Summer in Chugach State Park
Here are several ways to enjoy a summer day in Chugach State Park.
Hiking: Take a short walk on a paved trail, spend an afternoon strolling through the quiet woods or gear up for an arduous cross-country trek, finding your own route in a trailless wilderness. There's more information on this topic, later on this page.
Picnicking: You can picnic anywhere in the park, but if you would like a table and a fire, try the day use areas at Eklutna
Lake, Eagle River Campground, Bird Creek Campground, or McHugh Creek Picnic Area. More information on these facilities.
Bicycling: There are several old roadbeds that are excellent routes for bicycles and mountain bikes.
Horeseback Riding: is allowed in most of the park.
Riding ATVs: Small off-road vehicles are allowed on the Eklutna Lakeside Trail Sunday through Wednesday, and on the Bird Creek Trails below 500 ft elevation.
Climbing: For the serious mountaineer, there are many challenging peaks in Chugach State Park. The careful beginner can take on Flattop Mountain in an evening, or spend a day climbing Wolverine Peak. Most of the rocks that make up the Chugach Mountains are greywacke, a rock that breaks easily and makes climbing precarious. There are some areas where the rock is more stable, and you may see climbers practicing their art along the cliffs on Turnagain Arm. A pullout and short trail at Mile 112.1 of the Seward Highway lead to Boy Scout Rock, developed for trained climbers.
Glacier Travel: There are more than 50 glaciers in the park, many of them unnamed. Several large glaciers merge on the east side to form a large ice field that connects the Eklutna, Eagle River and Crow Creek drainages. Adventurers with glacier travel skills and the proper equipment can explore these wild areas. Contact park rangers for information about routes.
Boating: Non-motorized boats, or boats with an electric motor, can be used on Eklutna Lake, where they must be hand launched. Whitewater rafting and kayaking are permitted on Eagle River.
Fishing: Dolly Varden can be found in the spring at Eagle River and in the feeder streams at Eklutna Lake. Bird Creek hosts pink salmon in June and July, and silvers in August. A new fishery for king salmon has opened in Eagle River. Many other lakes and streams throughout the Anchorage area are stocked with rainbow trout. For information and regulations, contact any park ranger or The Alaska Department of Fish and Game.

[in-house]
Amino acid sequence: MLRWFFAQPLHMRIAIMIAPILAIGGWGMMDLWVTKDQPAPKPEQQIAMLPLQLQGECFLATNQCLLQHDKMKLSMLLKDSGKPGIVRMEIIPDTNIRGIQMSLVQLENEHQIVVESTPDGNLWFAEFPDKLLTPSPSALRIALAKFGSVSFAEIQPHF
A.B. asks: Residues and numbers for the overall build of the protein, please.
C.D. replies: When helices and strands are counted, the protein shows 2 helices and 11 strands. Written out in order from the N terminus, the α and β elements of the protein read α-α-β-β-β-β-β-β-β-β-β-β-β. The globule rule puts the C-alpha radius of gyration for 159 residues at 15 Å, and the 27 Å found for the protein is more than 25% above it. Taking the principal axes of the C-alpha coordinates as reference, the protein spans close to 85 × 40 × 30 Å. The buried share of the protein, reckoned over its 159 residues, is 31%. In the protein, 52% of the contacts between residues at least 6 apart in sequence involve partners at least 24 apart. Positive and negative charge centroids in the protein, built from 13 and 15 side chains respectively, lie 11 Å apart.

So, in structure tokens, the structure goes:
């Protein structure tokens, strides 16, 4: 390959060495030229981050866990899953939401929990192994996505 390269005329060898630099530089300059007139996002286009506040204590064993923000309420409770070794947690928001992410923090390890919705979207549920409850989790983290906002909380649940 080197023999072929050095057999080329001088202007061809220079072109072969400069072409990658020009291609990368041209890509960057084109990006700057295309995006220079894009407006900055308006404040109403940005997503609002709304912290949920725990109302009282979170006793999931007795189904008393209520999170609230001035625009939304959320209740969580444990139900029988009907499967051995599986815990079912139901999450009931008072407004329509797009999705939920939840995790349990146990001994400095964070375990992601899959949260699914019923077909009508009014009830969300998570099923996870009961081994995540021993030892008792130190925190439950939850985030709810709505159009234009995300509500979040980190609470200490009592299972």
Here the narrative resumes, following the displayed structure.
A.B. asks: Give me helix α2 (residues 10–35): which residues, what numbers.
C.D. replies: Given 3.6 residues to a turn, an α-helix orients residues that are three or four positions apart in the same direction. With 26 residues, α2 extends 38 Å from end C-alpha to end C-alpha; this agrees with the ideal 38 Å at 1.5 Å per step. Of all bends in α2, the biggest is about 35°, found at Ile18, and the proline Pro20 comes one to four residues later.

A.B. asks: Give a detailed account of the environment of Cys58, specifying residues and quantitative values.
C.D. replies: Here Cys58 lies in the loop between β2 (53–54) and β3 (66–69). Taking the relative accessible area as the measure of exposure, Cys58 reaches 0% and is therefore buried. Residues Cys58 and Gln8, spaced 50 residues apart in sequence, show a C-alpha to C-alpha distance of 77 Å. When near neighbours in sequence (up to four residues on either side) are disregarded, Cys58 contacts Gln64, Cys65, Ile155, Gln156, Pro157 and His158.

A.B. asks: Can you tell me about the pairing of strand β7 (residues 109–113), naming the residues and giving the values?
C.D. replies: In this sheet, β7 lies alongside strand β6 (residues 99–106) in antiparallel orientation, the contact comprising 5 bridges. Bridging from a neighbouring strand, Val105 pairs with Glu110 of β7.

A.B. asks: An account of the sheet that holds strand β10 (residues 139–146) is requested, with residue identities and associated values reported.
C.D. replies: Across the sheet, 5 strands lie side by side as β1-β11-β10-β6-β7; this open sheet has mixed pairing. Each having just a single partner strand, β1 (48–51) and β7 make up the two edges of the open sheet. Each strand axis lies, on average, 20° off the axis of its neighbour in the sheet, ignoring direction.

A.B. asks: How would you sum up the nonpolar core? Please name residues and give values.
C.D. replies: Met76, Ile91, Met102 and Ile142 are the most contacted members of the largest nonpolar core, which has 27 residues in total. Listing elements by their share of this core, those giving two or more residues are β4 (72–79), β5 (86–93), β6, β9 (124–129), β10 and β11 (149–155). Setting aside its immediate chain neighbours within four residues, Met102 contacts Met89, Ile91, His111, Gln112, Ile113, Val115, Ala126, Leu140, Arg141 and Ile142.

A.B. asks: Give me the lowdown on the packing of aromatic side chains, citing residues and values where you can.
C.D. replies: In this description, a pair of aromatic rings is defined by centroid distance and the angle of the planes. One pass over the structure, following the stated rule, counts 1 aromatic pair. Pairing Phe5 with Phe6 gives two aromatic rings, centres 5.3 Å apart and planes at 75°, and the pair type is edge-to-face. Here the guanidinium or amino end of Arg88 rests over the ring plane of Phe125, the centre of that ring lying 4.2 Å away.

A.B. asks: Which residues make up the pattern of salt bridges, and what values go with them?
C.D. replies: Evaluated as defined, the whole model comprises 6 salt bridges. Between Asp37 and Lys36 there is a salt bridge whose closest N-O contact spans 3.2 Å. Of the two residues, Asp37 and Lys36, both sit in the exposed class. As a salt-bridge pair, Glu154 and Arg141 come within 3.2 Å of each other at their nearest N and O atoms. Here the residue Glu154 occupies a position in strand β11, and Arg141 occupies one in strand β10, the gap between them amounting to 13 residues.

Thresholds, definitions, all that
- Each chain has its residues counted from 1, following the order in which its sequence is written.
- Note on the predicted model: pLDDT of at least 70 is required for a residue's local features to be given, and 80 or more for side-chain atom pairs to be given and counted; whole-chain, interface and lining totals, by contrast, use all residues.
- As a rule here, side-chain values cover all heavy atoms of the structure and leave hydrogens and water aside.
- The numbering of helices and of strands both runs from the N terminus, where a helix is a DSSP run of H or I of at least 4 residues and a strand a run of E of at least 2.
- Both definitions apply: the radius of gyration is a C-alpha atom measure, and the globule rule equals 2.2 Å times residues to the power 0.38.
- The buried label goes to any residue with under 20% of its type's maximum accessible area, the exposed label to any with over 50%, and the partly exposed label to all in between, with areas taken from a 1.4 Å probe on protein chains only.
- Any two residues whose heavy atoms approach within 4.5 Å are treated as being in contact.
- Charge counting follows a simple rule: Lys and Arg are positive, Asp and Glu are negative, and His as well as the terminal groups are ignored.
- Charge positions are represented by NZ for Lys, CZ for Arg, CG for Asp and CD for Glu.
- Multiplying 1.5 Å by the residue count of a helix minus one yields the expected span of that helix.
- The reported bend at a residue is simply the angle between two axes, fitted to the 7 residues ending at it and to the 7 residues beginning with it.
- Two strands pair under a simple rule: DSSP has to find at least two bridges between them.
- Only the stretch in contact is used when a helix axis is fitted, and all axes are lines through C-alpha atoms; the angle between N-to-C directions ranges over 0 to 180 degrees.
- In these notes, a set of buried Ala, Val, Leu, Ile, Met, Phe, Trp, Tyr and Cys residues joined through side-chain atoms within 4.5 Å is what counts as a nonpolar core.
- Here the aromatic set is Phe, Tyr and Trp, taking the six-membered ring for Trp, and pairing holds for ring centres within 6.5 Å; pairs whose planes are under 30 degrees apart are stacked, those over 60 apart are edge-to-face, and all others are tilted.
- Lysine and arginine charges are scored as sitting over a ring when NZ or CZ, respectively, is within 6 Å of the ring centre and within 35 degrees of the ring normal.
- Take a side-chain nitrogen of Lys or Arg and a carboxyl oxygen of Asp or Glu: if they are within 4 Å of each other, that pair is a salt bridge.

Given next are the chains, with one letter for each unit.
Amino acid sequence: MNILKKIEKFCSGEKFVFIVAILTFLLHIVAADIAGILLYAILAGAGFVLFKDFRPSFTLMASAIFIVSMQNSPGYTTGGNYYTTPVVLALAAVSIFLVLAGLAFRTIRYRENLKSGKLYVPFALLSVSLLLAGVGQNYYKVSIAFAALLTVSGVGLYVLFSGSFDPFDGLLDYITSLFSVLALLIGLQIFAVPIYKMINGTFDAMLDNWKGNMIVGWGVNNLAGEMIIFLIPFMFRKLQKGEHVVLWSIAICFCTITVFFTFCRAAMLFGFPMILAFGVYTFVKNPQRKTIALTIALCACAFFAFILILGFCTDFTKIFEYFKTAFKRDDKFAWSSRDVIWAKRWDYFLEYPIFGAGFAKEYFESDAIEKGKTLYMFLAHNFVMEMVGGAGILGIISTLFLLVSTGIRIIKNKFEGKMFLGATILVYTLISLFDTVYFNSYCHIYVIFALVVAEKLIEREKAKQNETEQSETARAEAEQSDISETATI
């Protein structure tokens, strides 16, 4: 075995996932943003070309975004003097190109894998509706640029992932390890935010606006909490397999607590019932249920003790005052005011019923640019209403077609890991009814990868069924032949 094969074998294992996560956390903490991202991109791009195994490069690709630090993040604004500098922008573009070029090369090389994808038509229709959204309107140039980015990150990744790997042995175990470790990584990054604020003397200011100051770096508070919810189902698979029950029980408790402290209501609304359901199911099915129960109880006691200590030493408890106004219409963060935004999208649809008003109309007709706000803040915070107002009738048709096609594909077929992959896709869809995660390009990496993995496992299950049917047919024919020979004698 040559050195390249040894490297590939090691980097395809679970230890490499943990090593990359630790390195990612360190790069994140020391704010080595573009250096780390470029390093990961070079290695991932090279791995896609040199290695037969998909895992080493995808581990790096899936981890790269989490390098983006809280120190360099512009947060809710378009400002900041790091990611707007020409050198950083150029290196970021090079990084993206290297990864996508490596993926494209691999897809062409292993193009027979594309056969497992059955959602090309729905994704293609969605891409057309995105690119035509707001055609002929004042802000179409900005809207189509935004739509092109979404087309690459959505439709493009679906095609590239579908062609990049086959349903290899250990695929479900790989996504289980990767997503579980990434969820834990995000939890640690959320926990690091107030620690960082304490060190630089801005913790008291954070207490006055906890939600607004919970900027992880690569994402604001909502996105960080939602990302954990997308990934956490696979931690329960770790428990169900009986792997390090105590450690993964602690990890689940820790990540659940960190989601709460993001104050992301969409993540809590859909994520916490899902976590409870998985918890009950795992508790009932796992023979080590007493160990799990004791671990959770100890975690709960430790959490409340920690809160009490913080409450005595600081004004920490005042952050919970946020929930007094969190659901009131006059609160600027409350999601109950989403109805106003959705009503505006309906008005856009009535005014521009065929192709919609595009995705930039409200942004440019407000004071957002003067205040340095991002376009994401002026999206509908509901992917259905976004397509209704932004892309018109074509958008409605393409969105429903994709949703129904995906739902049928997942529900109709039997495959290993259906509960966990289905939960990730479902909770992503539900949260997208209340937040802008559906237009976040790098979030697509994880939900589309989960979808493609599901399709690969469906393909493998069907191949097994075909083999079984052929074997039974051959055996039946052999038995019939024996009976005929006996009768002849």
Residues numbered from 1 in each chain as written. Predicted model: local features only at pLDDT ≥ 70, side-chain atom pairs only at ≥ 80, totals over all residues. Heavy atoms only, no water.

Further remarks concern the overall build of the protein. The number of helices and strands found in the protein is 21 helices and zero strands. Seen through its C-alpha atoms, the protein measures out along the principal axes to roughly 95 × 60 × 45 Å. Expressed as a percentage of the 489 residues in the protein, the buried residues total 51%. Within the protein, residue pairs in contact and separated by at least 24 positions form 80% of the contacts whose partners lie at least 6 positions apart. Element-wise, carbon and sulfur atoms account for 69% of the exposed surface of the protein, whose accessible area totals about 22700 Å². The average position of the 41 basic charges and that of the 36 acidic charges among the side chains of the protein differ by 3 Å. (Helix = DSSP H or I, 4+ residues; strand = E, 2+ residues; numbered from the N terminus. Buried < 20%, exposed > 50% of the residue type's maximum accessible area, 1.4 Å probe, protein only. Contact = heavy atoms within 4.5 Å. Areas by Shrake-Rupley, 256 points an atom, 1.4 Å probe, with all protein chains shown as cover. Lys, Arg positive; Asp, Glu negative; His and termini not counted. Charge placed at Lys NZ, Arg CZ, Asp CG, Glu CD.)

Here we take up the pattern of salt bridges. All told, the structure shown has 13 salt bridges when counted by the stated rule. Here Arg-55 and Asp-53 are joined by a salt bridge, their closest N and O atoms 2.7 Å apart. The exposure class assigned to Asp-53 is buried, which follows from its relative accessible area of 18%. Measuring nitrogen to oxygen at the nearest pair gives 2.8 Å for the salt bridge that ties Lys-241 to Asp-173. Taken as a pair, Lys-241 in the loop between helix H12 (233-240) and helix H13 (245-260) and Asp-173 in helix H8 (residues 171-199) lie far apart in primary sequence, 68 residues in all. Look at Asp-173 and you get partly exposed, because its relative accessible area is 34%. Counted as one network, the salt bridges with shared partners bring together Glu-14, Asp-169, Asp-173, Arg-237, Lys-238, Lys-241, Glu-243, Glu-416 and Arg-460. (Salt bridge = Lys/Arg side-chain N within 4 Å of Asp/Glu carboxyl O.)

Berry Picking: From late July until late August, berries ripen throughout the park. You will find currants and high-bush cranberries in woodlands. Bogs and tundra areas yield blueberries, crowberries and lingenberries or low-bush cranberries. Beware of poisonous baneberry and red-berried elder, and the berry picking bears!
Wind Surfing: Strong steady winds and large waves produce world class windsurfing at the mouth of Turnagain Arm. The cold waters and strong currents in this area also produce world-class hazards.
Looking for Adventure?
Do you want to make a quick getaway into the high country but don't know how to get there? Are you looking for something new to do with the family? Perhaps you're here on business and want to escape for the afternoon and breathe the scent of sun-warmed spruce needles, listen only to the chatter of squirrels or the sweet song of a Swainson's Thrush.
The possibilities for adventure in Chugach State Park are endless, but the following are some good suggestions for getting started. Driving time is from "downtown" Anchorage. "Wild" hikes will lead you to solitude or contain some physical challenges. "Not-so-wild" hikes are those where you are likely to find other people, developed facilities or organized activities. For more information, see the park map and trail descriptions.
Wild/Under 2 Hours
Drive to Prospect Heights (20 minutes), and hike to Campbell Creek. Spruce forest, moose tracks. 2 miles round trip.
Not-So-Wild/Under 2 Hours
Drive to Glen Alps (20 minutes), walk to the Anchorage Overlook with a 360 degree view of the city, the inlet, and Chugach Mountains. Use the other trails in the area to explore the tundra and groves of wind-swept mountain hemlock.
Drive to McHugh Creek Picnic Area (25 minutes), park in the middle lot. Hike from Turnagain Arm Trailhead towards Rainbow for as long as time allows. Views, bluffs, spring flowers.
Drive to Eagle River Nature Center, (35 minutes), explore the center, join activities, hike the Albert Loop Trail to a glacial river (3 miles). Year-round outdoor fun. Call 694-2108 for more information.
Drive to the Bird Ridge Trailhead (30 minutes). Head up the steep trail (1.5 miles to ridge crest) for a spectacular view of Turnagain Arm. Spring wildflowers, Dall sheep, fall berries.
Drive to Eklutna Lake (45 minutes), picnic, explore the trails around the lake, or bike Lakeside Trail to Eklutna Glacier (12 miles one way). Telescopes for wildlife viewing.
Want to Climb a Mountain?
Drive to Prospect Heights (20 minutes), follow signs to Wolverine Peak, 10.5 miles round trip, 3,400 ft. Elevation gain. Trail through spruce forest, then open tundra. Great views.